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In the modern age, speed may seem like an advantage for everything. But when it comes to your health – specifically your waistline – speed is actually something to be avoided.

Study after study reveals that eating slowly actually promotes better health, and that is because of the way that our bodies are hardwired.

Longstreet Clinic Center for Weight Management bariatric surgeon Dr. Miguel del Mazo has worked with hundreds of patients to successfully help them lose significant weight. And while surgery and diet play a key role in many patients’ improved health, slowing your approach to eating can help anyone who is looking to lose weight, keep weight off, or just enjoy a healthier lifestyle.

“One of the important things that I try to coach patients about is having a good relationship with food – and exercise as well,” Dr. del Mazo said. 

That relationship starts with allowing your body to adjust to the food that you are feeding it during each meal.

“When it comes to food, you have to give your body time to tell you what’s going on. The body sends a lot of signals back and forth, from the stomach to the brain to the center of who you are,” Dr. del Mazo said. “And if you don’t take time enough to listen to those signals, you’re going to overeat, or eat the wrong things, or fall to prey some classic troubles that are going to lead to more pounds, more diabetes, blood pressure issues, sleep apnea, and more.”

It takes about 20 minutes for the stomach alert the brain that it is full. So, if you do what the average American does these days – and scarf down a meal as though it were a race – you are setting yourself up for poor health and added weight.

Why is this so? Because the digestive process is controlled by hormones, and those hormones need time to react before your brain can acknowledge all that is happening and tell you that, yes, you are full, stop eating.

This process is nothing like the electrical signals we associate with our nervous system – signals that allow us to react almost instantaneously. 

“Signals from the body can come one of two major ways: electrical or hormonal. Electrical signals are very, very quick. If you touch a burner, you’re going to know very quickly that it’s hot. There’s an electrical signal that goes from your fingertip to your brain; you’ll pull back your hand. You know immediately what’s going on. Hormonal signals are a little slower, they take more time,” Dr. del Mazo said. “When you put food into your stomach, there’s a stretch of the lining of your stomach, the walls of the stomach. That stretch promotes a signal that is hormones being made, these are proteins being packaged, put together. They’re then delivered to the bloodstream; they travel to the brain. In the brain, the brain has to process them in enough of a concentration to tell you what’s going on. 

“But if you rush through that signal, fly right past the yield signs, straight through the stop sign and find the police officer on the other side, it’s not a good situation to find yourself in.”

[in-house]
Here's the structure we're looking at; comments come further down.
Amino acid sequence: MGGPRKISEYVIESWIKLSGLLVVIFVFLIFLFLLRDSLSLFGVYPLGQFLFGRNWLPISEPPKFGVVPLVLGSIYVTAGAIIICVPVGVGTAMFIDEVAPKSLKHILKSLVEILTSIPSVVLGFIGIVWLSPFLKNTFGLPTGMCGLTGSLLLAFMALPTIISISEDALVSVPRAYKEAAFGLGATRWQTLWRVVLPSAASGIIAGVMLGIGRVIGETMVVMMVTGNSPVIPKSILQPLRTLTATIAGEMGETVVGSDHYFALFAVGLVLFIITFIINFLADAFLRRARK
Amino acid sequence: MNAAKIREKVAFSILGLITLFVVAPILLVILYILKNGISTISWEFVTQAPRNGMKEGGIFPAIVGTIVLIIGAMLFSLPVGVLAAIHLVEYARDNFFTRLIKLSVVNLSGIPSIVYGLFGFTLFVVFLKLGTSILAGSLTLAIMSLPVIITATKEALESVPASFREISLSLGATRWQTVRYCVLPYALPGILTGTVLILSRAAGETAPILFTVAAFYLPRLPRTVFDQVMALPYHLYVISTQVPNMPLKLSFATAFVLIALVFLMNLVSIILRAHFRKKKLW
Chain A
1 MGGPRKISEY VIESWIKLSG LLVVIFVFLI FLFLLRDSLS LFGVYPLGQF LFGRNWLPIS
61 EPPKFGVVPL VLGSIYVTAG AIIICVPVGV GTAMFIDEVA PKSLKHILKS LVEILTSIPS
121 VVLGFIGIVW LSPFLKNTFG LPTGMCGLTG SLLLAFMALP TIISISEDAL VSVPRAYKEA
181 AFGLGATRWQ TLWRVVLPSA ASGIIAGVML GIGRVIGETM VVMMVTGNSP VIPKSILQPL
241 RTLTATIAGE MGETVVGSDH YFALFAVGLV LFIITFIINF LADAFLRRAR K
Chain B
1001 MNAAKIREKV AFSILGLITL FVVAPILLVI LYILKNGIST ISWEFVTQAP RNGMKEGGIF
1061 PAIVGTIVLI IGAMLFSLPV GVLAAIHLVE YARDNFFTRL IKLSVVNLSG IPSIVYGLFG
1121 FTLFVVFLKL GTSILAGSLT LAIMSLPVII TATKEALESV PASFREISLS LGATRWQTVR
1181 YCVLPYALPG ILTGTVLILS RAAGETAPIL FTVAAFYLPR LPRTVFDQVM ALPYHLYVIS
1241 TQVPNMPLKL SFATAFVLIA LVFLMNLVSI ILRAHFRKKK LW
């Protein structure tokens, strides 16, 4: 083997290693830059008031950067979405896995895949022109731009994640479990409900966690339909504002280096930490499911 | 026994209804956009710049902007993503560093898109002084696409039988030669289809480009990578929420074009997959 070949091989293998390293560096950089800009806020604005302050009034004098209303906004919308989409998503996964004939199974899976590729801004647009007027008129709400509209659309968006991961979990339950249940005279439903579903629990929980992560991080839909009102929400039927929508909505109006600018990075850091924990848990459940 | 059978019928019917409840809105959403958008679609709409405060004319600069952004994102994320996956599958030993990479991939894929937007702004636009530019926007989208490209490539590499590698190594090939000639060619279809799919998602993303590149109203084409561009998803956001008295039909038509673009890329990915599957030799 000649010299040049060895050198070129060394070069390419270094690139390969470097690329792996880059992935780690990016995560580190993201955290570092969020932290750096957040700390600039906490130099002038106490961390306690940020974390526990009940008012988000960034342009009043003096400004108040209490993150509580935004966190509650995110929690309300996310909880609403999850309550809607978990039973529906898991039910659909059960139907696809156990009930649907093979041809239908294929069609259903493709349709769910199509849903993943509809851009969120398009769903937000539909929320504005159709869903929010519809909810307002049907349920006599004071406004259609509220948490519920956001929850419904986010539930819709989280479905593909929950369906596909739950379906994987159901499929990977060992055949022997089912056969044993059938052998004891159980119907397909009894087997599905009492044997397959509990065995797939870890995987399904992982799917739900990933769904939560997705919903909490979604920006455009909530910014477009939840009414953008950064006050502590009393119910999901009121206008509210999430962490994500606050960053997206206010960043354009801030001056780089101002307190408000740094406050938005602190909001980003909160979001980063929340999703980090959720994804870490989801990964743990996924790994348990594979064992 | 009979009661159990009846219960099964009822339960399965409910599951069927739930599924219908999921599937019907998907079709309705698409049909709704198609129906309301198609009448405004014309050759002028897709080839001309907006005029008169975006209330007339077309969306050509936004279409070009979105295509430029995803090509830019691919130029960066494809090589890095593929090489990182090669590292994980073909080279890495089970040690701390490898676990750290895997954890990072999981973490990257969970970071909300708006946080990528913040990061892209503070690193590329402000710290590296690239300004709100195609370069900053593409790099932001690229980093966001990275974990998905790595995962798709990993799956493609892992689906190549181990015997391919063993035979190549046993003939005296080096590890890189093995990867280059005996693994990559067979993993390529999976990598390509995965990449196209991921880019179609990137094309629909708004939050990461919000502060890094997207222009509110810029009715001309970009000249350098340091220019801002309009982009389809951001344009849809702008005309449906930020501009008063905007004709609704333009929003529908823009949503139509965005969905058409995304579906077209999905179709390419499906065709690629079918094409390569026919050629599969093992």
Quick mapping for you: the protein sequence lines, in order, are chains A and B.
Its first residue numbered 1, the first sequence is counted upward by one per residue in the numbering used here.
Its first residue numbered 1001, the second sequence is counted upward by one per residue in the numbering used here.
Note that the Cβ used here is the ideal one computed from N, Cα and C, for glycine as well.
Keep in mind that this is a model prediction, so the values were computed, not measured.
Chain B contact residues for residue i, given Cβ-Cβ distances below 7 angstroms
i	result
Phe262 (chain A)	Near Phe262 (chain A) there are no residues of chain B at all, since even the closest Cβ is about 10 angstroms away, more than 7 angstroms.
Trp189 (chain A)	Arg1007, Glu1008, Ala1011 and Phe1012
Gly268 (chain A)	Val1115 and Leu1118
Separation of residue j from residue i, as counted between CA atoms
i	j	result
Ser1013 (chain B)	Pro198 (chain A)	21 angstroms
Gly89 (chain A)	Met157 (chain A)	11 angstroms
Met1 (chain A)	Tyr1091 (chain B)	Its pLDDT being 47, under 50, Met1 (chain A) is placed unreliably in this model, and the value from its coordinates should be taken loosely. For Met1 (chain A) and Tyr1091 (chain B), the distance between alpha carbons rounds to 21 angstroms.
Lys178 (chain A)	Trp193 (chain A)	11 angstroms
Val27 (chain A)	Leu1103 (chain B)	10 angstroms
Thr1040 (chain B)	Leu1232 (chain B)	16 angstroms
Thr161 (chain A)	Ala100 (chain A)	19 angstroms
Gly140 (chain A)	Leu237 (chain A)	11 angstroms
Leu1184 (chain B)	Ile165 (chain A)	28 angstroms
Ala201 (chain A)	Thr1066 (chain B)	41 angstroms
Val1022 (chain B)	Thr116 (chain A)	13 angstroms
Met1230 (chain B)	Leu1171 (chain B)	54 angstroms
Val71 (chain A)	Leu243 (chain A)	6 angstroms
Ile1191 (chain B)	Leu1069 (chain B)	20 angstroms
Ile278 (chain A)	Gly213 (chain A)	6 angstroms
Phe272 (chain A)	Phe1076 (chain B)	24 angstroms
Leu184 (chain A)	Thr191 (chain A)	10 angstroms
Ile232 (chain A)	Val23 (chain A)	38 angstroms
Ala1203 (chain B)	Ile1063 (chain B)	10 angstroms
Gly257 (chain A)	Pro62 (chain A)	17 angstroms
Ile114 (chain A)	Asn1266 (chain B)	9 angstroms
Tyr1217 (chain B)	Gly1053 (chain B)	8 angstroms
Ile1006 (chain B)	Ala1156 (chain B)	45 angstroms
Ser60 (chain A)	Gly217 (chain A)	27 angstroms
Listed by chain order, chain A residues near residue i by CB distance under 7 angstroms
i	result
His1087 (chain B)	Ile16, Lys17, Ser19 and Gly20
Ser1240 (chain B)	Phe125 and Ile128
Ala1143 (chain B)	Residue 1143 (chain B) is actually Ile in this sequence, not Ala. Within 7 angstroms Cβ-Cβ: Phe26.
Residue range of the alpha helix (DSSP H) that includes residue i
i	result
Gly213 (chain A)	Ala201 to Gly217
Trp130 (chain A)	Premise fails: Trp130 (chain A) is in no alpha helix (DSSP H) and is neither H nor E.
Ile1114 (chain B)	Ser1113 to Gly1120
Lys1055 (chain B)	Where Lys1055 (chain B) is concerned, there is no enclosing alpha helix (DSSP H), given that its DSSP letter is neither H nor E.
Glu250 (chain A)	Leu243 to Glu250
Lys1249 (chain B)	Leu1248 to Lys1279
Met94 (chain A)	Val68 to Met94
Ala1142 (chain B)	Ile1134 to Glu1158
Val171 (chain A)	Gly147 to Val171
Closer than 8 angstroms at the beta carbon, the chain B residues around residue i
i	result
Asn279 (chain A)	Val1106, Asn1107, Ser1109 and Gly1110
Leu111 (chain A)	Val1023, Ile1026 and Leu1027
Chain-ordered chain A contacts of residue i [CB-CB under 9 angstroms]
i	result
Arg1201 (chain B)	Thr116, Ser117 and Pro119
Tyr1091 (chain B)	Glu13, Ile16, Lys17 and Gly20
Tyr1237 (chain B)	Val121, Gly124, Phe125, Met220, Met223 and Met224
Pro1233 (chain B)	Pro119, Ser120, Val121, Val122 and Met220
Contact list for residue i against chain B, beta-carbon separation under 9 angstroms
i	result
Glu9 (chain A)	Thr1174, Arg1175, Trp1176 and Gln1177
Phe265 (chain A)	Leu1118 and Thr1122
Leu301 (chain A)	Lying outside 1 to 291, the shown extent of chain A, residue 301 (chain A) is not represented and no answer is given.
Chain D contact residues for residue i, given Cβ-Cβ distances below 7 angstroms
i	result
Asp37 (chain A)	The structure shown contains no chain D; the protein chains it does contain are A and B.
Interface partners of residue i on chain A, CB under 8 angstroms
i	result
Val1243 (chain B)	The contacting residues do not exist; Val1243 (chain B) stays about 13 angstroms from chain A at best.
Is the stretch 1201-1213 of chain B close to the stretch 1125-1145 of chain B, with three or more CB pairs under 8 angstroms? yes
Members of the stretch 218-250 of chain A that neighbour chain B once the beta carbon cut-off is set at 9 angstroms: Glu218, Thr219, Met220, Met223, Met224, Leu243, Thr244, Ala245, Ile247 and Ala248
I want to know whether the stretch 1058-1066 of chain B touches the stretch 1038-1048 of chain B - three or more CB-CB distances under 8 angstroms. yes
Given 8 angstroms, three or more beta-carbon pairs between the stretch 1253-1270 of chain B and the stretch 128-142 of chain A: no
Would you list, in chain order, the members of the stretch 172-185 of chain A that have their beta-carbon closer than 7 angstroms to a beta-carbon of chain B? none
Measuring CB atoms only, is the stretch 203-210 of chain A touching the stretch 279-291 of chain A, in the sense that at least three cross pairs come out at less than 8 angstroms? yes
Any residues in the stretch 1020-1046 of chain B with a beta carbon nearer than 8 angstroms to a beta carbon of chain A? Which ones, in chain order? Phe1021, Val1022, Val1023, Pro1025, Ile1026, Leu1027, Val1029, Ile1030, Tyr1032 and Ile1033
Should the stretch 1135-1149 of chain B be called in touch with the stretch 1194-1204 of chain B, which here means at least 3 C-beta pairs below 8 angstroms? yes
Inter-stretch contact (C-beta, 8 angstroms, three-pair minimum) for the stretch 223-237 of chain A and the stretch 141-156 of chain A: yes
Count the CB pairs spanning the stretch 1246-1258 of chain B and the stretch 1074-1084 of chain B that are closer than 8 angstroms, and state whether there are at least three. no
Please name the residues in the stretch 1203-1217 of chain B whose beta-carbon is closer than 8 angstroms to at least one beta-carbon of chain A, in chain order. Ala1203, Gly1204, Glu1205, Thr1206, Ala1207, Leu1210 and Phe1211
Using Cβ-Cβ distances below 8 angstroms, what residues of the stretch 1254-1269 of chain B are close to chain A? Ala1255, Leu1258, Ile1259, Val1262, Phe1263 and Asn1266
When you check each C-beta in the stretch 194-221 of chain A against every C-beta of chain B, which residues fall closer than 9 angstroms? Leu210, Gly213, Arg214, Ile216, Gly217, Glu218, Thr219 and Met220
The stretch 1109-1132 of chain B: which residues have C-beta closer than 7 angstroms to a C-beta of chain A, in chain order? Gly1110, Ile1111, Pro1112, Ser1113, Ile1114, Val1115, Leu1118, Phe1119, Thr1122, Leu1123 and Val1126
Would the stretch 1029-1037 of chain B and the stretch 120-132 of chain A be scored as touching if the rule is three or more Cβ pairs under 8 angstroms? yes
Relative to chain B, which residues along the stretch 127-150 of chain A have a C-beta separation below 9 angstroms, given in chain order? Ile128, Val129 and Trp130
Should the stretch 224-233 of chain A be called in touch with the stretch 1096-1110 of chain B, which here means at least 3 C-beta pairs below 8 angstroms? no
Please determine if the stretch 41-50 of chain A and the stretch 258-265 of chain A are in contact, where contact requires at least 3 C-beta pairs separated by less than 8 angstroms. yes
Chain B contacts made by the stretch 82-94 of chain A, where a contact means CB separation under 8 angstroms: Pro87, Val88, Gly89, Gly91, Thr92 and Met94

So many of us encounter those very “police” – and the result is not good. By eating fast and taking in too many calories, we overeat. And overeating leads to a host of health problems. It may start with a little extra weight. But, over time, it can lead to obesity – and the host of co-morbidities that obesity and severe obesity can bring with it. These include diabetes, high blood pressure, increased cholesterol, heart disease, and an increased risk of several different cancers, to name a but a few.

In fact, one recent study showed that fast eaters are 11% more likely to the risk factors for cardiac disease. There’s also the toll that carrying extra weight takes on your limbs and joints, as well as your psychological wellbeing.

In short, there is every reason to take your time with your meals. Enjoy them and get the most out of them. And if you do things like chewing each bite 20 times before swallowing and sitting down to your meal, rather than eating whenever and wherever the mood strikes, there is ample evidence that you will realize true benefits – such as a study released by Japan’s Kyushu University, which showed that eating slower inhibited the development of obesity.

Chewing more thoroughly also aids digestion as well –as digestion actually starts with enzymes present in the saliva in your mouth. And it will be easier on your body to fully digest smaller bits of food. Chewing also increases blood flow to the stomach and gut as well, priming the pump so to speak, to better aid digestion.

Dr.del Mazo and his colleagues are certainly believers.

“Going slow allows your body a chance to learn what your body’s trying to tell you,” Dr. del Mazo said. “It helps you to be able to eat better foods in more appropriate quantities; it helps you lose weight and stay healthy long term.”

Learn more today

If you would like to learn more about healthy eating habits, losing weight or the different options to help you get control of your health, please contact Longstreet Clinic’s Center for Weight Management today. Dr. del Mazo and a team of caring, dedicated providers are ready to help, click here or call us at: 770-534-0110 or toll free at 877-921-0110.

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